When you’re first thinking about finding a work from home gig you may not think writing is a good bet.
Because you see loooots of websites not paying a cent to contributors.
Or you scope out the job boards and see things like $20 or $50 per 500, 700 or 2,000 word post.
And if that’s all you’re seeing then you’re right, writing makes no sense because there’s no money in it.
Except, there is.
SIDEBAR | Want to work from home as a freelance writer?
I was interviewed about writing for the Publishing for Profit podcast. If you’d like an introduction to what earning a living from writing can look like make sure to check it out.
Transcript: Robyn Roste | How to Become A Freelance Writer
Freelance writing work from home ideas
If you’re feeling at a loss for how to make money from writing I understand. I felt the same way back when I began freelancing.
Because I was approached by agencies and PR firms every now and then to pitch their products on my website, I knew it was possible…but how?
You can spend a lot of time Interneting on this topic. My advice? Do a bit of prep work before you jump down the rabbit hole of research.
I’ve mentioned this a few (hundred) times before so forgive me if I’m getting repetitive. But I’m going to say it again anyway.
If you want freelance jobs that pay a living wage, your best bet is to position yourself in a niche (or market) and become an expert in your field.
Think about these areas when considering your niche/focus/target market
- Your background, experience, passions, skills and talents
- Your network (Who do you know? What do they do? Do they need a writer?)
- Consider the types of clients you think you want to work with. Would you enjoy working with/for them and the topics you’d be writing about? (If not, switch it up)
- Ask: do my target clients need help explaining and marketing their products and services?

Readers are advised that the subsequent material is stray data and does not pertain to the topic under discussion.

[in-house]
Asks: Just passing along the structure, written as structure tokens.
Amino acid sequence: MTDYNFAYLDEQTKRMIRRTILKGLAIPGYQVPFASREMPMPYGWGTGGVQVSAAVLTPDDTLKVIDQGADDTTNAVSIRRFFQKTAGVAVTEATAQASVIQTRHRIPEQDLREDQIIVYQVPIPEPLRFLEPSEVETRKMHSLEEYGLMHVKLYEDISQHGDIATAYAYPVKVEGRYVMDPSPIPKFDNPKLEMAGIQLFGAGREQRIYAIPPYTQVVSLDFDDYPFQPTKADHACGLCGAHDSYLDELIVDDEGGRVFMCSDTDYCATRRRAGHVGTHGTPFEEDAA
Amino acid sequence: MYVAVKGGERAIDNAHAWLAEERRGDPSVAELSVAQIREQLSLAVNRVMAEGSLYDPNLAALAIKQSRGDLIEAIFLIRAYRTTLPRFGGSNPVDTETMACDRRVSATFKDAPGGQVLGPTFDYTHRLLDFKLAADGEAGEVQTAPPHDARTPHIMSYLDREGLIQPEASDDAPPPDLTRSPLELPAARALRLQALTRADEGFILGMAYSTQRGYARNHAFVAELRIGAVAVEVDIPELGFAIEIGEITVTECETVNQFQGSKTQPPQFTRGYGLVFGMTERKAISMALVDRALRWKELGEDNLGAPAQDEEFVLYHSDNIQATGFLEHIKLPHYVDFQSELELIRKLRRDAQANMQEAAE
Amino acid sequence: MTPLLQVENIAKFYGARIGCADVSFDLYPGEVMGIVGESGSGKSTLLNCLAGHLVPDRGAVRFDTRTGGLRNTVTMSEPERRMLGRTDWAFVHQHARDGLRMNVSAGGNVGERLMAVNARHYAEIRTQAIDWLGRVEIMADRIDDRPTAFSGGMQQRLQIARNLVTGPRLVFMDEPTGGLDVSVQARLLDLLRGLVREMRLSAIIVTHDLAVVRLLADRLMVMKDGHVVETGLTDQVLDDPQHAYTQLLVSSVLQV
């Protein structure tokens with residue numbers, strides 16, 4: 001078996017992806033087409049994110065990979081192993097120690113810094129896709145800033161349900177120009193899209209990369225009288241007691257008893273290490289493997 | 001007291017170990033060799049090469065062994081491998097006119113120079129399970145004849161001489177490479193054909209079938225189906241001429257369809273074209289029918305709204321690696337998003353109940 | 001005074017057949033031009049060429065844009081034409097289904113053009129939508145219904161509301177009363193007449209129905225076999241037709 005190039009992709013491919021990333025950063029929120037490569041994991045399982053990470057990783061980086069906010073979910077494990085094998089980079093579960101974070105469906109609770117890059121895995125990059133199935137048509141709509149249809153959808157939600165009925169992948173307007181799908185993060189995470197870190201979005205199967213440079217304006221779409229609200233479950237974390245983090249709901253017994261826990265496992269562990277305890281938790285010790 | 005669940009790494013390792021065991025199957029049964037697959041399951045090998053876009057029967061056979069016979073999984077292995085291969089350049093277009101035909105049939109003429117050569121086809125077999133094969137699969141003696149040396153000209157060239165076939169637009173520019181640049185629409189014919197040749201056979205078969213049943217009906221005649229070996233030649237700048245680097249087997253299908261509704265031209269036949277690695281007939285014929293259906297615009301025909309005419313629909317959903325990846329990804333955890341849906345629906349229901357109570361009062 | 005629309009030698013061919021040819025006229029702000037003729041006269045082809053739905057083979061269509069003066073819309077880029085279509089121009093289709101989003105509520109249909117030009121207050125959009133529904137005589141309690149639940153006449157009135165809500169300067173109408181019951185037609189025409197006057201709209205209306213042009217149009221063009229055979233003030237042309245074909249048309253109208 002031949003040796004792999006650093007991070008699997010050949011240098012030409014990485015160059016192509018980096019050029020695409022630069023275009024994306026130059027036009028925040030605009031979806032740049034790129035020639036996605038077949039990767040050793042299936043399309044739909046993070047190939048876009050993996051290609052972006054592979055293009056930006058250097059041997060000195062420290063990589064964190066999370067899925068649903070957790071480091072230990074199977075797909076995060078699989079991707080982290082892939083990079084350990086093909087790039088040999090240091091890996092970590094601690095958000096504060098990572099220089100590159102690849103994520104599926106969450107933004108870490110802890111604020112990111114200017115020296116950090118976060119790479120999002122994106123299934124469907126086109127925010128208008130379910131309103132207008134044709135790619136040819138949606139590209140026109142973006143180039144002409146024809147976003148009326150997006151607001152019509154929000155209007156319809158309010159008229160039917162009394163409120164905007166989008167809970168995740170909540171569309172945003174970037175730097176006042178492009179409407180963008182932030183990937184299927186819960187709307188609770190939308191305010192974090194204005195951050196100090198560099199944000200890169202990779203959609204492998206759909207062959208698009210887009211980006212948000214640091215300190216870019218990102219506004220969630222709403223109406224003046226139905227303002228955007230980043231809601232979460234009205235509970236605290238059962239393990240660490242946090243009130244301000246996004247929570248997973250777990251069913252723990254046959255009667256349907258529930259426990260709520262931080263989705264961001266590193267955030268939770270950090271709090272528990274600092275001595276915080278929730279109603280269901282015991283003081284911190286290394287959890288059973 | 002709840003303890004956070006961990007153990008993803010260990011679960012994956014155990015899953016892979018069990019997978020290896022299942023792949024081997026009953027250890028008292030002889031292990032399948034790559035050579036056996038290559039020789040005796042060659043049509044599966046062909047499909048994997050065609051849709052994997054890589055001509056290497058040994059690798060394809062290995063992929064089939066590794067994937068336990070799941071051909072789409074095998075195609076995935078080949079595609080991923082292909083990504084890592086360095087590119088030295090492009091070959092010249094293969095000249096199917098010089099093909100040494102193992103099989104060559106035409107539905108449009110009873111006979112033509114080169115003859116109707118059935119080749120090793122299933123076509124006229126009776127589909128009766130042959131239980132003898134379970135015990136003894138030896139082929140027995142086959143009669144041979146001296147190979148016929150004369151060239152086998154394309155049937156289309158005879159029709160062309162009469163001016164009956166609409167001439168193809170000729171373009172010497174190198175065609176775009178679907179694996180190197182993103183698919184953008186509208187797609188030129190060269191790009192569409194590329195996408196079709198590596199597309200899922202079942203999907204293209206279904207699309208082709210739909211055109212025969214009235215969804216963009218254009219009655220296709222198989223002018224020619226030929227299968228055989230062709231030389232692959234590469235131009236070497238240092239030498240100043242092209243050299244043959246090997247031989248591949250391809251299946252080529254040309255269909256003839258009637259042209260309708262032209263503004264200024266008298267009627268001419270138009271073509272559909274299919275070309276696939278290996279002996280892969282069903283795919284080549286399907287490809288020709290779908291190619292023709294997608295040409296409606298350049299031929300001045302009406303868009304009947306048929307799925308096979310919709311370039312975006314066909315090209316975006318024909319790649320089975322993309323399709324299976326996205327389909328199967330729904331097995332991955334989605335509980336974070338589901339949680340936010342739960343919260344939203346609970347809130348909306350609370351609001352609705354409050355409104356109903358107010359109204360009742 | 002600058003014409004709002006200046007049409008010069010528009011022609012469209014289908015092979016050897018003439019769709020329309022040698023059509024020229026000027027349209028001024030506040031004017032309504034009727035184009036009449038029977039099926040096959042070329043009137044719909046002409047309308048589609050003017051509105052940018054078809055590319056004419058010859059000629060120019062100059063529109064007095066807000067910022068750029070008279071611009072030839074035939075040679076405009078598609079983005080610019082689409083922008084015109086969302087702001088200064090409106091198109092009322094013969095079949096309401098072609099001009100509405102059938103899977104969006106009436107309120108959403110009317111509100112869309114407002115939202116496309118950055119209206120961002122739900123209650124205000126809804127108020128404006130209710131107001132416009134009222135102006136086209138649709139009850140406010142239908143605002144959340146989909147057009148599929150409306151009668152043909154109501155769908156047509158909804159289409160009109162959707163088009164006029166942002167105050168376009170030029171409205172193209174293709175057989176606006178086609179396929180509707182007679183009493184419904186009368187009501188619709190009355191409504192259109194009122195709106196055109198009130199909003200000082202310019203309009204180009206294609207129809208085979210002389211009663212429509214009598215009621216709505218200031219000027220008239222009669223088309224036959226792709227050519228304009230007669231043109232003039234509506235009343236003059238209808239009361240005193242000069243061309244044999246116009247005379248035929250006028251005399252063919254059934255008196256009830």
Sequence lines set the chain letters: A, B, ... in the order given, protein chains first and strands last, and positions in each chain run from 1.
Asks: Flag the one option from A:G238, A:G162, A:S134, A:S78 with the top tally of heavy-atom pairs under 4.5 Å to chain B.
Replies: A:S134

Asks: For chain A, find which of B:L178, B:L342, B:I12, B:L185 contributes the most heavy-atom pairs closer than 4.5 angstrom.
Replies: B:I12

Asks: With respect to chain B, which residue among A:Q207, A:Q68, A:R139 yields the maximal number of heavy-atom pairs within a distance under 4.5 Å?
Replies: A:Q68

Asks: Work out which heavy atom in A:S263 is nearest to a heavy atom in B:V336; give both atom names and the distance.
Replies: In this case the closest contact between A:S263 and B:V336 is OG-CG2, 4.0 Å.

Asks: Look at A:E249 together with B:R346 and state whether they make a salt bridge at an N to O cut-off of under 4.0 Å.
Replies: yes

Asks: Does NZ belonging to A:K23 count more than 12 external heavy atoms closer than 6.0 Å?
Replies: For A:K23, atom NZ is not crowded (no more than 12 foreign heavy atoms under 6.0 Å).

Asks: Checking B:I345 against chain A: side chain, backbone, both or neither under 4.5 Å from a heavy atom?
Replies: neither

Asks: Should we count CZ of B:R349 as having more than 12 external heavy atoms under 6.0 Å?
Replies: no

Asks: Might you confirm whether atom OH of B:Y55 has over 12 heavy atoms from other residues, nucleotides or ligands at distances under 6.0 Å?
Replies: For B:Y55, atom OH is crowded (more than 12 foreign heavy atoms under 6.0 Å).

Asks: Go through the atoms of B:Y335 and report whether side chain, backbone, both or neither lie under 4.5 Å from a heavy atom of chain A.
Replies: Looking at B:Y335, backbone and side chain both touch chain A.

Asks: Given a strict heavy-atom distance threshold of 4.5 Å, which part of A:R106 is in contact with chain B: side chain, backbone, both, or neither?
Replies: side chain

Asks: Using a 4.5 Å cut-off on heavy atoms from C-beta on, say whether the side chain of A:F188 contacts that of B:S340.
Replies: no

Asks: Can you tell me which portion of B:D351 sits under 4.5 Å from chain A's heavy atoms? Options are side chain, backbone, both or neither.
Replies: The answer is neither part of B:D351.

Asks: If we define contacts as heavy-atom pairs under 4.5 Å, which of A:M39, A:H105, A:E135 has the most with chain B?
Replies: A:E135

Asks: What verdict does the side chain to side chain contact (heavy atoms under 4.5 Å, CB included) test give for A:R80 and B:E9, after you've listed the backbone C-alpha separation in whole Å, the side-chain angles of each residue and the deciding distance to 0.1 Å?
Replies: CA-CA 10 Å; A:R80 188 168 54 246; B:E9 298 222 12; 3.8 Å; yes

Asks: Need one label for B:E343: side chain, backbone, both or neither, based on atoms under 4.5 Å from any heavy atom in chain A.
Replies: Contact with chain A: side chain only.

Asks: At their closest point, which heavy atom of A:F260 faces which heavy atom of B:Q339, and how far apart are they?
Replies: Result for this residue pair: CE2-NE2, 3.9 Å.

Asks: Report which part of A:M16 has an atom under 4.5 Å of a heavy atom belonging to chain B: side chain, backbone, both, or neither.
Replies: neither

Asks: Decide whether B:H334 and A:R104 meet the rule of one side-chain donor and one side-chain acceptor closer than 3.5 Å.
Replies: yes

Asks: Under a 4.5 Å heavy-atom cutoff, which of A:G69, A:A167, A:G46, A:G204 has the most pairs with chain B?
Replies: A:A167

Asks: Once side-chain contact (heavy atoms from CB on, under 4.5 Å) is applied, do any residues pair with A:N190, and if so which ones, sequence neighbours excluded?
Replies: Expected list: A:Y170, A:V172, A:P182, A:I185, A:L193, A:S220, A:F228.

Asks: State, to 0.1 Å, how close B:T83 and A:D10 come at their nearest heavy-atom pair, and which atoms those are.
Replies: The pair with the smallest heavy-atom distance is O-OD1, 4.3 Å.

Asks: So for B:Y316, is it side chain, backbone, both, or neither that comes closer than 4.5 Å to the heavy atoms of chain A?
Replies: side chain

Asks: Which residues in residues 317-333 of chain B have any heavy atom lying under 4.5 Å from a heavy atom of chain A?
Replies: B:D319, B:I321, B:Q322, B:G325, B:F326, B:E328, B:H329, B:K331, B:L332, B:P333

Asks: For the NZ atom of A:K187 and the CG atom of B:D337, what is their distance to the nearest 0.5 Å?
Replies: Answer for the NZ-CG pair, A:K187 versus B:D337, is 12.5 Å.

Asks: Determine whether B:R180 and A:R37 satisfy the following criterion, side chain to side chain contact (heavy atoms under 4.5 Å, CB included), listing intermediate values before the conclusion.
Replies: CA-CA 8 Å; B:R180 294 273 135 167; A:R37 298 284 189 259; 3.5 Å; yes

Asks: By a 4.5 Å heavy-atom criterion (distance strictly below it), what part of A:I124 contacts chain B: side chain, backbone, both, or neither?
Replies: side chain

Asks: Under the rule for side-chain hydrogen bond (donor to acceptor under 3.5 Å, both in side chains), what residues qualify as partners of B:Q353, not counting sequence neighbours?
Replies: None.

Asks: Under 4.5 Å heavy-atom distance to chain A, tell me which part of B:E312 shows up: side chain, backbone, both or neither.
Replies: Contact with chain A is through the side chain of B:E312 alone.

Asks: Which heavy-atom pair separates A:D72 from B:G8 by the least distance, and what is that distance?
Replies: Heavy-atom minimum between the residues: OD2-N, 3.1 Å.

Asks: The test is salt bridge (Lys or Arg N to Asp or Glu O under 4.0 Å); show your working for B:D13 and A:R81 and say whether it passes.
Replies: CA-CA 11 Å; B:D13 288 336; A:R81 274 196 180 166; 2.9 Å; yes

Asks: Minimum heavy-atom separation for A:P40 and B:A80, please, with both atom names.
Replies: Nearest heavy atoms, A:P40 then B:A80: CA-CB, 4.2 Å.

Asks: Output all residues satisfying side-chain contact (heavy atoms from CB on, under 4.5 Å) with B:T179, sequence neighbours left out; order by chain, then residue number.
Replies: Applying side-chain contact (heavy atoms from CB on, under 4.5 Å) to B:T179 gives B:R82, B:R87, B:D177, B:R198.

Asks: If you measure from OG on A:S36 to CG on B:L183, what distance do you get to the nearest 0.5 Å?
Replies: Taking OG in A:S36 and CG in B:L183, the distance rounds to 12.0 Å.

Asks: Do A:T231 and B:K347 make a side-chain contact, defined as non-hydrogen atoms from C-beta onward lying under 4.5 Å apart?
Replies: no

By the way, I’ve created a worksheet to help you answer these questions. Just pop your email address into the form below and I’ll send you the password for my resource library. When you’re there, navigate to the freelancing category and download the “Freelancer Positioning Worksheet.”
Simple, but not easy
For many of us, we think of work from home gigs and freelance jobs like a bit of extra money. And when you think of it like that then maybe you’ll be fine with a few bucks here and a few bucks there.
And if that’s you, no shame. You’ll find many, many outlets to write for.
But if you want to earn a living, or even bring in a part-time income, while working reasonable hours then do pay attention to your positioning before you enter the world of content mills and racing to the bottom.
While I have tons of advice for building your client roster and positioning yourself as a freelancer, today I’m going to focus on my BEST tip for getting started fast.
Want to work from home? Tap your network
In my experience, most freelancers get their start from someone they know.
So it’s worth considering that your first client may be either someone you know or a referral from someone you know.
This is so stupid-simple that most people bush it off, but think about it. We have huge, inter-connected networks of friends and family who are employed in various industries across the globe.
SOMEONE knows SOMEONE who could use a freelance writer.
And why not go to the community where you’ll get the absolute warmest reception to start?